Spring is coming early in 3/4 of national parks, according to a new study. Awesome? Not so much. As flowers bloom earlier every year, it’s disrupting the link between the wildflowers and the arrival of birds, bees, and butterflies that feed on and pollinate the flowers. In Shenandoah, an earlier spring is giving invasive plants a head start, and they’re displacing native wildflowers, leading to costly management issues.
Before the 1960s almost everything about living openly as a lesbian, gay, bisexual, or transgender (LGBT) person was illegal. New York City laws against homosexual activities were particularly harsh. The Stonewall Uprising on June 28, 1969 is a milestone in the quest for LGBT civil rights and provided momentum for a movement.
Vine Creek Ranch at Death Valley National Park. Steady drought and record summer heat make Death Valley a land of extremes. Towering peaks are frosted with winter snow. Rare rainstorms bring vast fields of wildflowers. Lush oases harbor tiny fish and refuge for wildlife and humans. Despite its morbid name, a great diversity of life survives in Death Valley.
Located 2,600 miles southwest of Hawaii, the National Park of American Samoa is the most remote unit of the National Park System and the U.S. National Park south of the Equator. The Park spreads across three islands, 9,500 acres of tropical rainforest, and 4,000 acres of ocean, including coral reefs. While remote, the islands of American Samoa, true to the meaning of the word Samoa (Islands of Sacred Earth), are welcoming and offer beautiful landscapes and centuries of culture and history.
The Alaska CSC is supporting a variety of projects aimed at understanding, predicting and adapting to the impacts of climate variability and climate change on Alaska's resources. Examples of these projects include:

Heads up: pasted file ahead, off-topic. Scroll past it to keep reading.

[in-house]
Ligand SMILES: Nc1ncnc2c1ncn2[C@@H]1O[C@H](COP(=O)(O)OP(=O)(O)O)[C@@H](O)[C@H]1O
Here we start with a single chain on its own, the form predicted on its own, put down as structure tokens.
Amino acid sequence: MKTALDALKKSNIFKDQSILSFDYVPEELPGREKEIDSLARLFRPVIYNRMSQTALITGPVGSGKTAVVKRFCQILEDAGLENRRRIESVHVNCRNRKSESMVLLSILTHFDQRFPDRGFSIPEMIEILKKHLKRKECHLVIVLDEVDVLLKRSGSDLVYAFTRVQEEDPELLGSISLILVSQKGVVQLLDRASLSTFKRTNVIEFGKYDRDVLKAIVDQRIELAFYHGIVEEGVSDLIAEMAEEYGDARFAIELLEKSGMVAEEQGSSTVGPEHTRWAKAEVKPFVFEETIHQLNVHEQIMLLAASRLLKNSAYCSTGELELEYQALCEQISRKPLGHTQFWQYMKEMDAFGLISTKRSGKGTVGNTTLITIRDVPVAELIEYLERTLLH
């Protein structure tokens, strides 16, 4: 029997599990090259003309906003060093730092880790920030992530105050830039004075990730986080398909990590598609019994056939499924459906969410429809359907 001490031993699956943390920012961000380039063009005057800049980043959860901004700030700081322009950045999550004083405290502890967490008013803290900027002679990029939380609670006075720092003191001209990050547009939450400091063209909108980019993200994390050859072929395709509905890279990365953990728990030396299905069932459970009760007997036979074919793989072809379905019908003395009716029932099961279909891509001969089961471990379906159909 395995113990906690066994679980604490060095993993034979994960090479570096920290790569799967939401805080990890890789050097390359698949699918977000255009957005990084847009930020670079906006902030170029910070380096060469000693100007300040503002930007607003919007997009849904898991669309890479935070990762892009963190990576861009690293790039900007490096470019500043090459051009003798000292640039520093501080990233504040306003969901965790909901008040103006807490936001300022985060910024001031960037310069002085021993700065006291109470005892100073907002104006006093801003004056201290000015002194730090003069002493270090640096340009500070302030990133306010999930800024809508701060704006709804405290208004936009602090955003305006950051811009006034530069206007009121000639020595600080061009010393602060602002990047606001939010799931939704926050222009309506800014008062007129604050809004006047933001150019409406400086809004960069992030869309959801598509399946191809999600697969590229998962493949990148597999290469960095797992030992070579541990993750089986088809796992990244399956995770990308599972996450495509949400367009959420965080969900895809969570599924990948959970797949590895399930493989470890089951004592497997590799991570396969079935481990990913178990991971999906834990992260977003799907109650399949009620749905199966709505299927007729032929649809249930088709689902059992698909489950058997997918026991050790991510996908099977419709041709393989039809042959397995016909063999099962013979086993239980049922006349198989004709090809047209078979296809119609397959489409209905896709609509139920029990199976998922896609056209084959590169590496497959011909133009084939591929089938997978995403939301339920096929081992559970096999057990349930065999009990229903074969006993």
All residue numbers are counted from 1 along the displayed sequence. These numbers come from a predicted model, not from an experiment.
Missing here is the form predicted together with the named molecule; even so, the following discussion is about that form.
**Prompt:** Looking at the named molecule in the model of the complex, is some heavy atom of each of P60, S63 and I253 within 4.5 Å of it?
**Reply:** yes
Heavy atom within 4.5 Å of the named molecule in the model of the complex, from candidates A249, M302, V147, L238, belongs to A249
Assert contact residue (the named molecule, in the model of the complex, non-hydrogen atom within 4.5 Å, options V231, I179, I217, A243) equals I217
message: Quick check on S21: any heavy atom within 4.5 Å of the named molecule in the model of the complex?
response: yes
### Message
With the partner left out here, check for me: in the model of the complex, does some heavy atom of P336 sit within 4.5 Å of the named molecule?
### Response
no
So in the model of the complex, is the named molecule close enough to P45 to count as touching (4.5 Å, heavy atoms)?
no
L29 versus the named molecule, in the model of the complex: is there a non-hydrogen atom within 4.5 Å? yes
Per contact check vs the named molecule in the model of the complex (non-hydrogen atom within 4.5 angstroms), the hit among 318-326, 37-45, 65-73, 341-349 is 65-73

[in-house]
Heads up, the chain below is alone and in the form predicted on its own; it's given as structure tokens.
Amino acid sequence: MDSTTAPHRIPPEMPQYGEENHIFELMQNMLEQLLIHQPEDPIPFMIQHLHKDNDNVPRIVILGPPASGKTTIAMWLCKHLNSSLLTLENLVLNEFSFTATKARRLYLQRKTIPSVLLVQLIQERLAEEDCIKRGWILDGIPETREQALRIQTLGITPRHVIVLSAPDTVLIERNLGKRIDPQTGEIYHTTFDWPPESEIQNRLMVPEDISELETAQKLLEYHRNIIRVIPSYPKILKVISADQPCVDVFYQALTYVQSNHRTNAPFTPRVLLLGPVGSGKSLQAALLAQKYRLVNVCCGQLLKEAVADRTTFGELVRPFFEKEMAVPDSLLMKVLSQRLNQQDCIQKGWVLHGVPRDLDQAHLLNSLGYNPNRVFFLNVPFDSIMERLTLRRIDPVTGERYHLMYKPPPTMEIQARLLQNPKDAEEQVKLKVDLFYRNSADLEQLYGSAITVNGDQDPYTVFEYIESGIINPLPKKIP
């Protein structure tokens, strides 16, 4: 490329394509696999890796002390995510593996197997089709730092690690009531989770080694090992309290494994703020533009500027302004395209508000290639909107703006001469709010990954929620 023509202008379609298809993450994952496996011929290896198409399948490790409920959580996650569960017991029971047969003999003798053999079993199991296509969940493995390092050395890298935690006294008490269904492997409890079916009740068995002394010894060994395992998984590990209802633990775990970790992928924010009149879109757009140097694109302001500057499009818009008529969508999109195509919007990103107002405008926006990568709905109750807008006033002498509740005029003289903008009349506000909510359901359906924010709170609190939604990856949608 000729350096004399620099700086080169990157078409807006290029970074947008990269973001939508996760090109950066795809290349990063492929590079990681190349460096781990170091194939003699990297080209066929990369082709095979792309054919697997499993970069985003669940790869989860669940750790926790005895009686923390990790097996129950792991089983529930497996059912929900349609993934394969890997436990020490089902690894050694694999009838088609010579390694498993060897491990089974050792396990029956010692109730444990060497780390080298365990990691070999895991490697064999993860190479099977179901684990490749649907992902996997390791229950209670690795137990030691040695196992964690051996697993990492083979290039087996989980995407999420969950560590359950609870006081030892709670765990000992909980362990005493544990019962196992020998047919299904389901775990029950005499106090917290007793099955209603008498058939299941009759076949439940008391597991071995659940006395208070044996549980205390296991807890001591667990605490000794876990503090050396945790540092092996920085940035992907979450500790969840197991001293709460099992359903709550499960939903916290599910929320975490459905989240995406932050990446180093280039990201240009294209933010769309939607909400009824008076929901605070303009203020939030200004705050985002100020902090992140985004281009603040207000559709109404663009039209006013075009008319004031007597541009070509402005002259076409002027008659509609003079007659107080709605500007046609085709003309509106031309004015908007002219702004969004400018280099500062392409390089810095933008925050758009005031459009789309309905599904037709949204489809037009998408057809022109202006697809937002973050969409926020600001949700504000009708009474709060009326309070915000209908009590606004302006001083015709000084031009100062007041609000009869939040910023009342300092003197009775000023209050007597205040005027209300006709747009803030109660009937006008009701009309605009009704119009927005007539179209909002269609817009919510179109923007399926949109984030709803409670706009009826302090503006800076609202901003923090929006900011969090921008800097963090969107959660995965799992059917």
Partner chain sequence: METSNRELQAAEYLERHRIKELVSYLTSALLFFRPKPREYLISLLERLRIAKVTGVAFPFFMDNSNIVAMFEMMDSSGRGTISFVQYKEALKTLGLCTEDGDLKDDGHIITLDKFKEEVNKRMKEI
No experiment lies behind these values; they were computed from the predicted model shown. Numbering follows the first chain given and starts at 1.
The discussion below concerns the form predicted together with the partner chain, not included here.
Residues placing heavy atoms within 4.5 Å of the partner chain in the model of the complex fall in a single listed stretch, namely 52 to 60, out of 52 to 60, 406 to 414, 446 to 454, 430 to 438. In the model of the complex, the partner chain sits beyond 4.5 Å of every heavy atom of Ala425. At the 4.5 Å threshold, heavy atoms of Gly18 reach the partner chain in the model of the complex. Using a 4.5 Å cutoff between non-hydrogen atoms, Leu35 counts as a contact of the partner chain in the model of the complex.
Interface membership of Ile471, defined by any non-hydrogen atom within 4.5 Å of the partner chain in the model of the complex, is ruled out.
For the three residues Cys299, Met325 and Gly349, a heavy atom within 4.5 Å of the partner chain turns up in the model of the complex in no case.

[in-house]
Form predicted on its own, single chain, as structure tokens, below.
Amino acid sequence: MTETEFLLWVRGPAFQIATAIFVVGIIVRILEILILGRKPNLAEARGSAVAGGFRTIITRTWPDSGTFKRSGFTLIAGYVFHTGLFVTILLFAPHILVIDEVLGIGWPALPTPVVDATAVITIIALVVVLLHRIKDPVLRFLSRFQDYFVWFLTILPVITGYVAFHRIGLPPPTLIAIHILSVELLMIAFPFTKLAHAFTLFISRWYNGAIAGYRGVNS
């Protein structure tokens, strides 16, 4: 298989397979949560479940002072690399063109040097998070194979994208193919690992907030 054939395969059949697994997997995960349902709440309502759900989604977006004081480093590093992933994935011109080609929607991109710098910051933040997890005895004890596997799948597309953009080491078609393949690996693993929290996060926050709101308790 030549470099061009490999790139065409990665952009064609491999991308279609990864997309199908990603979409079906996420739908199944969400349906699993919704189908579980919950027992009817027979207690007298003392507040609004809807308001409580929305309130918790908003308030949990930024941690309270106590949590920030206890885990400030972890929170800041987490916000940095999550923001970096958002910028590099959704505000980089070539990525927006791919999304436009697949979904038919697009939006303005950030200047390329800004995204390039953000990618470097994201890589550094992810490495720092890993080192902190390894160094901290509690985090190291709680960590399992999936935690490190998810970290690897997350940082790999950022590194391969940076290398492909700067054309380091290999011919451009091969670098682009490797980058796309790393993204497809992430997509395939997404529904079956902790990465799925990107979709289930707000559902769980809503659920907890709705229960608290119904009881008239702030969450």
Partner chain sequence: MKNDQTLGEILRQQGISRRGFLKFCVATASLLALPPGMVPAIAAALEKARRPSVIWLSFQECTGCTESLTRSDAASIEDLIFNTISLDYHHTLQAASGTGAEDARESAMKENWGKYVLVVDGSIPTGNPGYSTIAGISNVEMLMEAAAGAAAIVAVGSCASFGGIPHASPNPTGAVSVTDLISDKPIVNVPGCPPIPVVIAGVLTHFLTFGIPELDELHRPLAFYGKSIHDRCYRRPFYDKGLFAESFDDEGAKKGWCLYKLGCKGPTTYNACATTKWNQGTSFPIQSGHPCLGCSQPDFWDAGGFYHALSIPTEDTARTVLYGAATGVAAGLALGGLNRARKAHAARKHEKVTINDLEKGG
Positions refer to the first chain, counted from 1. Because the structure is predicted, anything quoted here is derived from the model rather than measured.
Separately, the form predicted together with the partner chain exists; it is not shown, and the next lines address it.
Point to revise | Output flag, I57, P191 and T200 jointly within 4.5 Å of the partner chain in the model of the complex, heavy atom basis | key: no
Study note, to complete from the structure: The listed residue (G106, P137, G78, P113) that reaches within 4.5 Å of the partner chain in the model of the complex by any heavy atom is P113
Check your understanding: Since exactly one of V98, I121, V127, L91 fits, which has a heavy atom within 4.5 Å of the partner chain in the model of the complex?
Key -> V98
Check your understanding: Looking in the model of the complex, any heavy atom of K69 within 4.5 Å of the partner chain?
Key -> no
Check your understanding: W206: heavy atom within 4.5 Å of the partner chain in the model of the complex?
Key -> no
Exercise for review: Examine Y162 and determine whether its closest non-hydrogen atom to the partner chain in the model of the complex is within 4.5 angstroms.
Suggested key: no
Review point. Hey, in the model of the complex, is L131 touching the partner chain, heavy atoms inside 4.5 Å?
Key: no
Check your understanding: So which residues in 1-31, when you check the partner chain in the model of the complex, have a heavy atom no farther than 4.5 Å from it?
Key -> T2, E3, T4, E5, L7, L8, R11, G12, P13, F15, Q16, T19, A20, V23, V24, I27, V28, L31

Western Alaska Coastal Hazards Workshop: Jointly sponsored by the Alaska CSC, Alaska Ocean Observing System, and Western Alaska LCC, May 30-31, 2012.
In addition to the "fact sheets" offered above, here are some samples of the technical publications that are resulting from this work:
Gusmeroli, A. and Grosse, G., 2012. Ground penetrating radar detection of subsnow liquid overflow on ice-covered lakes in interior Alaska, the Cryosphere Discuss., 6, 3079-3099, doi:10.5194/tcd-6-3079-2012, 2012.
Post, A., O'Neel, S., Motyka, R., and Streveler, G, 2011, A complex relationship between calving glaciers and climate, EOS Transactions, American Geophysical Union, V. 92, No. 37, p. 305-6, doi:10.1029/2011EO370001.
Fellman, J. B., Nagorski, S., Pyare, S., Vermilyea, A. W., Scott, D. and Hood, E., 2013. Stream temperature response to variable glacier coverage in coastal watersheds of Southeast Alaska. Hydrol. Process. doi: 10.1002/hyp.9742.
As the Alaska CSC enters its third year in full operation, please check back for upcoming publications on permafrost change, water resources, glaciers, and other topics related to the management of Alaska's natural and cultural resources.